Last year, Jonathan Villar was one of the Brewers’ best players and one of baseball’s best stories. He hit .285/.369/.457 and was roughly an average defender at shortstop, which translated into 4.7 WARP. He also led all of baseball with 62 stolen bases. Part of the Brewers’ offseason strategy centered around keeping him in the lineup and on the field, as they traded for Travis Shaw to play third base and designated Scooter Gennett for assignment.
This year, though, Villar has not been good. We’re about a month and a half into the season, so this comes with all the small sample caveats; the fact remains, though, that on a team that ranks second in baseball in runs scored and eleventh in TAv, one of the team’s previous best hitters has simply never gotten going.
Villar has hit leadoff in every game he’s played in, so as a natural consequence he also leads the team in plate appearances. He also ranks last among all the Brewers’ regular starters in TAv; the only position player behind him currently on the roster is Nick Franklin. On one hand, it is remarkable that the Brewers can have been so successful thus far this season without a functioning leadoff hitter. On the other hand, there is a certain point during the season at which this becomes a clear problem.
First, the big picture positives: Villar had an excellent season last year, and he hasn’t been historically awful this season. He is certainly off to a rough start, and his .222 TAv is not ideal. But it ranks ahead of the marks currently being posted by established hitters Joe Mauer and Carlos Gonzalez, and it is in the same general range as Mark Trumbo and Kyle Schwarber. Villar isn’t alone in his struggles, and his month-plus of bad hitting isn’t enough to tank his season. Additionally, Craig Counsell has shown a lot of faith in Villar, and the manager deserves praise for that. It’s easy to imagine that in a different era or with a different manager, Villar would be playing less often or hitting lower in the lineup already. Instead, Counsell is sticking with him, which helps him retain confidence.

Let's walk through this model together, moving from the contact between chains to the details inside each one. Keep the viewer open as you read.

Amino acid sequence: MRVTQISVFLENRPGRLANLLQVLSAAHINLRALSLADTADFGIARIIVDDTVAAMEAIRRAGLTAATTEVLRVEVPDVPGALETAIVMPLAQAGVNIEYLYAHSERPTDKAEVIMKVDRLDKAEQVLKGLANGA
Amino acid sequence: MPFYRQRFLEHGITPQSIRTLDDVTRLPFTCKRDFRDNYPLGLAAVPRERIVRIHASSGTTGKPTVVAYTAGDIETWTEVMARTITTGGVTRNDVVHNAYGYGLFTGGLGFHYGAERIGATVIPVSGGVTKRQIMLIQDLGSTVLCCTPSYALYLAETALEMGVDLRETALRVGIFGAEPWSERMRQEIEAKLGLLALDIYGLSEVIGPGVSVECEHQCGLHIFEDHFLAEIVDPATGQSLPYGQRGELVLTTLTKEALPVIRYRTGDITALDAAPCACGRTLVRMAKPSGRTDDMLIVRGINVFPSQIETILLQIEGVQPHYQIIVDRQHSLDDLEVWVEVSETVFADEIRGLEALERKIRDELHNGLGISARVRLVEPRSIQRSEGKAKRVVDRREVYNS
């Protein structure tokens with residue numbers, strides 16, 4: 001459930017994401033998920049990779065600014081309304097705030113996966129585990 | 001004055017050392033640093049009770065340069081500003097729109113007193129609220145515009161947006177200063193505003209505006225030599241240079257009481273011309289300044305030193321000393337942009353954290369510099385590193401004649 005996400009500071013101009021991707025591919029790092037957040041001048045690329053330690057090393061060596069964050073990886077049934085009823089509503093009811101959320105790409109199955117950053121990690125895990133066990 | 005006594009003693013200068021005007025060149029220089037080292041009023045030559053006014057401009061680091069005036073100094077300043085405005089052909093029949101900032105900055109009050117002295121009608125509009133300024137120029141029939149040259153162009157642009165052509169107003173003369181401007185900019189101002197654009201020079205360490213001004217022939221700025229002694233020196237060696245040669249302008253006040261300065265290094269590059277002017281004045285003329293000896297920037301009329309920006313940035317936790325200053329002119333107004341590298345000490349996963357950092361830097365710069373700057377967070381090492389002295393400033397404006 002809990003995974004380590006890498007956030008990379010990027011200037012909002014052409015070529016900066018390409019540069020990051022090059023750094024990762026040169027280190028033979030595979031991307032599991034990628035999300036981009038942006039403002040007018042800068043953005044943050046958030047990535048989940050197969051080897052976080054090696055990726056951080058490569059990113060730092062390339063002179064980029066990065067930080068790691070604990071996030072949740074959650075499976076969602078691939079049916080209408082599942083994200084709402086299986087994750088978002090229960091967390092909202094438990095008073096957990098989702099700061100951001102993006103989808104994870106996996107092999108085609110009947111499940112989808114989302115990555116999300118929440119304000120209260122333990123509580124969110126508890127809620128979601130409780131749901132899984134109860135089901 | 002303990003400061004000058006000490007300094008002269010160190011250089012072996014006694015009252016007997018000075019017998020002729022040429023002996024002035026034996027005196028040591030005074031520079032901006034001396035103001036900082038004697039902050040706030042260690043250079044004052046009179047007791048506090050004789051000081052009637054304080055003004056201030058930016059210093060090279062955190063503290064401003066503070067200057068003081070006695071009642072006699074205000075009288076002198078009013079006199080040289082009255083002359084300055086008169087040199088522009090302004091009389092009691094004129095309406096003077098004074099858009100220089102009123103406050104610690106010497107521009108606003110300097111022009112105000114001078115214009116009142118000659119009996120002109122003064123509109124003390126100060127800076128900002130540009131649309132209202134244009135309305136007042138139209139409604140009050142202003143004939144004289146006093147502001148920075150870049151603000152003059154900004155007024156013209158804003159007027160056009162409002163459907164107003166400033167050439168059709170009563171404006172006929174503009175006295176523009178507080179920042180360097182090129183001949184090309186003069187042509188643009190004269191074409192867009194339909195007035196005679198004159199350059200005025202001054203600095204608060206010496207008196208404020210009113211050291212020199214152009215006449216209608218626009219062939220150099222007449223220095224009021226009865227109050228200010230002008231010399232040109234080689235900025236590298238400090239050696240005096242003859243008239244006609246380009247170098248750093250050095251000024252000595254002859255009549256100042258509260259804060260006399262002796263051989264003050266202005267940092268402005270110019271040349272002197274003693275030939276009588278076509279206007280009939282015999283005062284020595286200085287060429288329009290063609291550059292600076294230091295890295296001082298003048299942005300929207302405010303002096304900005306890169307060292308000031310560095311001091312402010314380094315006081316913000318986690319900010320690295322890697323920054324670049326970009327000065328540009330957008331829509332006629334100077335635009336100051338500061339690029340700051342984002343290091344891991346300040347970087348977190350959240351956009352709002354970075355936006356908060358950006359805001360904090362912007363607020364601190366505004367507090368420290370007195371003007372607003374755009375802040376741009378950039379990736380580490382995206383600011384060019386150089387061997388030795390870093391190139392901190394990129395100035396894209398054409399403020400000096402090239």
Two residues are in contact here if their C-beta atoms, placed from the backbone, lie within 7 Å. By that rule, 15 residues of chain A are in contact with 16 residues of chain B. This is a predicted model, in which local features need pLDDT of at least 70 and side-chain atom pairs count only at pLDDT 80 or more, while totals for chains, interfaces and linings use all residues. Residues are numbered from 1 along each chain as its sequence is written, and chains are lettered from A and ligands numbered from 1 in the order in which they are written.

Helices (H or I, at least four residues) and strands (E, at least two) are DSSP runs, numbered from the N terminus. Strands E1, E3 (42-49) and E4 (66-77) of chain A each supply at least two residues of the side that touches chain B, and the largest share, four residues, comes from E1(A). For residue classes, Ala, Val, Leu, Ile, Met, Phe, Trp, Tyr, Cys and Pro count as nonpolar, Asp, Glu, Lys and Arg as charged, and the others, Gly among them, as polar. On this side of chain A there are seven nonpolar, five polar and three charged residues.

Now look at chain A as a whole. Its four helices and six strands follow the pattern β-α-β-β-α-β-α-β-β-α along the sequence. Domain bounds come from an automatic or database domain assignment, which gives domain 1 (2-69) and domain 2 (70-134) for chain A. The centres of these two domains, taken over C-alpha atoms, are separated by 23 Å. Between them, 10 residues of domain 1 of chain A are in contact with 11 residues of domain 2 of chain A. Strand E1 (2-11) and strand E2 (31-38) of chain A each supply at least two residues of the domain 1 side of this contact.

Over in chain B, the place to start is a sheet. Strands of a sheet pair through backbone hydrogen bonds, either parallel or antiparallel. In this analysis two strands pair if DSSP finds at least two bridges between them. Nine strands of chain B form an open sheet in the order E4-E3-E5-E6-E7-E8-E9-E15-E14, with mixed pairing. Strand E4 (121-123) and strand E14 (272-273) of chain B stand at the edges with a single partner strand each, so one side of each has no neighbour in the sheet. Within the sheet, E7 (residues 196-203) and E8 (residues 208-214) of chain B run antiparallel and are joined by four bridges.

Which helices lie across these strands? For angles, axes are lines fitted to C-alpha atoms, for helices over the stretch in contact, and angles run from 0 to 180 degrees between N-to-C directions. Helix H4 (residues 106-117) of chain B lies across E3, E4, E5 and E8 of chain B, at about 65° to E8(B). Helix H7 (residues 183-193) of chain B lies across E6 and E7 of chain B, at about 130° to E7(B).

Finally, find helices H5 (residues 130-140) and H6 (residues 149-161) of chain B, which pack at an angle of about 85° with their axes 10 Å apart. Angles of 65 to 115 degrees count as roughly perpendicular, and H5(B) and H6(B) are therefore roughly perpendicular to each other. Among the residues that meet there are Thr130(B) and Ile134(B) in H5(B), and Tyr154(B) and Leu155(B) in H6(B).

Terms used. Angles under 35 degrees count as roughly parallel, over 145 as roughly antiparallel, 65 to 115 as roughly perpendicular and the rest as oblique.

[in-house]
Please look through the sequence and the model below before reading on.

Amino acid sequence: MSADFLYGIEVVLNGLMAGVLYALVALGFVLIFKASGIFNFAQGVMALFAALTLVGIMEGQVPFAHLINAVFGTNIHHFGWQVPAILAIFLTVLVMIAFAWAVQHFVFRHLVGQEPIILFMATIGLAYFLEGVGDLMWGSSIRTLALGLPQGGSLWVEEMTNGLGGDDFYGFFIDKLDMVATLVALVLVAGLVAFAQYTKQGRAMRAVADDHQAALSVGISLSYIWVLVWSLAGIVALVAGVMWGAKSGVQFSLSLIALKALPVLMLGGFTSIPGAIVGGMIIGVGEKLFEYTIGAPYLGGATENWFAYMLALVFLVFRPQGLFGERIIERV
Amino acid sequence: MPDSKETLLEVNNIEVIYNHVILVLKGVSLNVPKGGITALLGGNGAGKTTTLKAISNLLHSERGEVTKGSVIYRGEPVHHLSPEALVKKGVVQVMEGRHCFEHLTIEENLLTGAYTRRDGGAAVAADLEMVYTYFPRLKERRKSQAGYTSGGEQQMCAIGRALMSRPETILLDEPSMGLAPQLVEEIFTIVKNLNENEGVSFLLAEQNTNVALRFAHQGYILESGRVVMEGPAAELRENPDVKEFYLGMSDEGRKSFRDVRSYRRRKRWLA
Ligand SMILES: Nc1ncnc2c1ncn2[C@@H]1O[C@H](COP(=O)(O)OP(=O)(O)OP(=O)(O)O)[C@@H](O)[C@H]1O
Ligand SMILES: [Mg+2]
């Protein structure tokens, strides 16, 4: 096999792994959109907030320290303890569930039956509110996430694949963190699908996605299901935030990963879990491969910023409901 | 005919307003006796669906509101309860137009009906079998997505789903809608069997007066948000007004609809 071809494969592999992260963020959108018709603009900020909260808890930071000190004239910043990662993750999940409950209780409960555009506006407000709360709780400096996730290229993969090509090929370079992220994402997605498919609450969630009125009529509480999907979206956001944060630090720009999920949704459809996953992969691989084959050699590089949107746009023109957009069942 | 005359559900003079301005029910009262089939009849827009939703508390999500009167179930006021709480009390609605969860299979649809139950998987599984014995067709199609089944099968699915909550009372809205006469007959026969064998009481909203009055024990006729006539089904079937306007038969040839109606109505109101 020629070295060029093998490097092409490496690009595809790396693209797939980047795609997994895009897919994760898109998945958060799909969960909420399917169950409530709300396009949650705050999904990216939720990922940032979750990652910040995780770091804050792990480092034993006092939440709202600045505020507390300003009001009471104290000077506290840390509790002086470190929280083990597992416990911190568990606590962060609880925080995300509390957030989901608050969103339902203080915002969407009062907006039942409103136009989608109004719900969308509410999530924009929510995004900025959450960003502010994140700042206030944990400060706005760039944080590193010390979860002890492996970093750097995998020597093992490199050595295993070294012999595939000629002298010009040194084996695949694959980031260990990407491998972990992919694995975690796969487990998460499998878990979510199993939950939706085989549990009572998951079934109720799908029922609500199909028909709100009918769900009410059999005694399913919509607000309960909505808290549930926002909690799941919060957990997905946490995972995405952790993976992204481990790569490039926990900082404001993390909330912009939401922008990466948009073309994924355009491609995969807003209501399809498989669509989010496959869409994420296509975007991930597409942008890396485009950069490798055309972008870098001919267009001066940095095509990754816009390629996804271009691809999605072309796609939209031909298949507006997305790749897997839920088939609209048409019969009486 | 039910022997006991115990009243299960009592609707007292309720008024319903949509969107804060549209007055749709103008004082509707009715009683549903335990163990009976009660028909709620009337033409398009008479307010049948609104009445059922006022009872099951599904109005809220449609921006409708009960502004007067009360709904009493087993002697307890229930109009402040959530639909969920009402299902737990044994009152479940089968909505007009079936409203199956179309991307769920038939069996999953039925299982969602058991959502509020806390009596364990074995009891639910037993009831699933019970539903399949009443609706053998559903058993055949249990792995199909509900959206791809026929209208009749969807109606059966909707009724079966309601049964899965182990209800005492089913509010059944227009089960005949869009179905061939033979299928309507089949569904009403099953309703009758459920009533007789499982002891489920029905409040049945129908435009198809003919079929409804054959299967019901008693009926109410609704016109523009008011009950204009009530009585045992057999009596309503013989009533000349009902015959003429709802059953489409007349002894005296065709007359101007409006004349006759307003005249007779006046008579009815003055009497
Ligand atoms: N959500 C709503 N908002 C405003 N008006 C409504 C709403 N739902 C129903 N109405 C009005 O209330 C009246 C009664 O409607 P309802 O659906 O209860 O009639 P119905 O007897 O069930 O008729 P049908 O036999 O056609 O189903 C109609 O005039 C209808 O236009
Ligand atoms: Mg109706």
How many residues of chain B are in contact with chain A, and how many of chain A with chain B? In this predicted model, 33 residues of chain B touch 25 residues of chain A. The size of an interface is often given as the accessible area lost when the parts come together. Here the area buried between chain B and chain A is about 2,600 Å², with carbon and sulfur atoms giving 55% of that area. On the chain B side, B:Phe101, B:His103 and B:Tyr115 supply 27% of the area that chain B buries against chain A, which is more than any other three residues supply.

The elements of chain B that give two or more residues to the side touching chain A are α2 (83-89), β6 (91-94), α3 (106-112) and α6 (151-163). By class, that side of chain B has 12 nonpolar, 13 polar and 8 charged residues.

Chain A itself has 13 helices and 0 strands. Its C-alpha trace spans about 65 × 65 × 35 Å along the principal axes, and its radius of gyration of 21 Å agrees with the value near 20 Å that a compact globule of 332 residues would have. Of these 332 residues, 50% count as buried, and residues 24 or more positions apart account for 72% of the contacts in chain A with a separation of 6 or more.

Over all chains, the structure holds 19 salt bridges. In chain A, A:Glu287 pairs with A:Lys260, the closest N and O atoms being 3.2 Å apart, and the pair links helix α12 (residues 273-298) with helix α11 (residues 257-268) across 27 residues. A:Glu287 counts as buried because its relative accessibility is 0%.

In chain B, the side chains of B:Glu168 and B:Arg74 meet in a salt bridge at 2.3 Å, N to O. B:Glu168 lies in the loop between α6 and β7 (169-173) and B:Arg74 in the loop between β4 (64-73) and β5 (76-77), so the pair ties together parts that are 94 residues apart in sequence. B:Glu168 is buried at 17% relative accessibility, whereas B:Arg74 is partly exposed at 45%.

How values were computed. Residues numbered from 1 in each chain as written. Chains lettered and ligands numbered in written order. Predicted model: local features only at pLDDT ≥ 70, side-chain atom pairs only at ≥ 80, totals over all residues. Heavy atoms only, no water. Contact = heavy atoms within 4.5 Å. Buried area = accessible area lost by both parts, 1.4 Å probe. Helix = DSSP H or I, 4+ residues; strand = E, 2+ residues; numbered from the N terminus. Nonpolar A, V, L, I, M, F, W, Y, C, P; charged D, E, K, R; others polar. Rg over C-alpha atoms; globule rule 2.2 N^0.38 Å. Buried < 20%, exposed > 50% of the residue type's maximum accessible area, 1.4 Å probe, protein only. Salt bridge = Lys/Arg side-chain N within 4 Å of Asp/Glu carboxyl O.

But there are obviously still some worrying signs here. Most obviously, despite a zone rate increase of just under two percent, Villar’s swing rate is up nearly five percent and his contact rate is down about two percent. Essentially, Villar is expanding the zone more, and his more frequent swings have resulted in less contact. The contact rate problem isn’t just out of the strike zone, though; his in-zone contact rate in 2016 was 80 percent, while this year it is 78. That may not seem like a huge problem, but it is when combined with other negative indicators like his zone expansion and generally poor overall performance. He is making contact with fewer pitches in the strike zone, and that is the type of trend one expects to see more from an aging veteran than a 26-year-old middle infielder.
Looking for silver linings isn’t all that hard, though. Villar has been heavily criticized for his defense, especially after some noteworthy early-season errors, but the advanced numbers don’t paint that awful a picture. Because we’re so early in the season and defensive numbers take so long to stabilize, I looked at each of FRAA, DRS, and UZR. In both FRAA (0.8) and DRS (1), Villar is a slight positive. In UZR, he is a slight negative (-1.2). I don’t feel comfortable deciding which of the defensive metrics is more accurate, especially after just a month and a half, but those paint the picture of someone who is roughly average at second base. Given that Villar spent most of last year at shortstop and third base, that isn’t an awful outcome.
Additionally, Villar’s plate discipline does seem to be improving. According to FanGraphs’ rolling 5-game graph of Villar’s strikeout rate and walk rate, he has gotten his strikeout problem under control as the season has progressed. He has also been better recently about taking walks, which he struggled with early in the season.
The Brewers deserve credit for sticking with Villar for this long, as there are signs that he may be turning his season around. For any improvements to be permanent, though, he does need to improve his plate discipline. His in-zone contact problem is especially concerning, but the Brewers will have to hope that he does revert to his form from last year.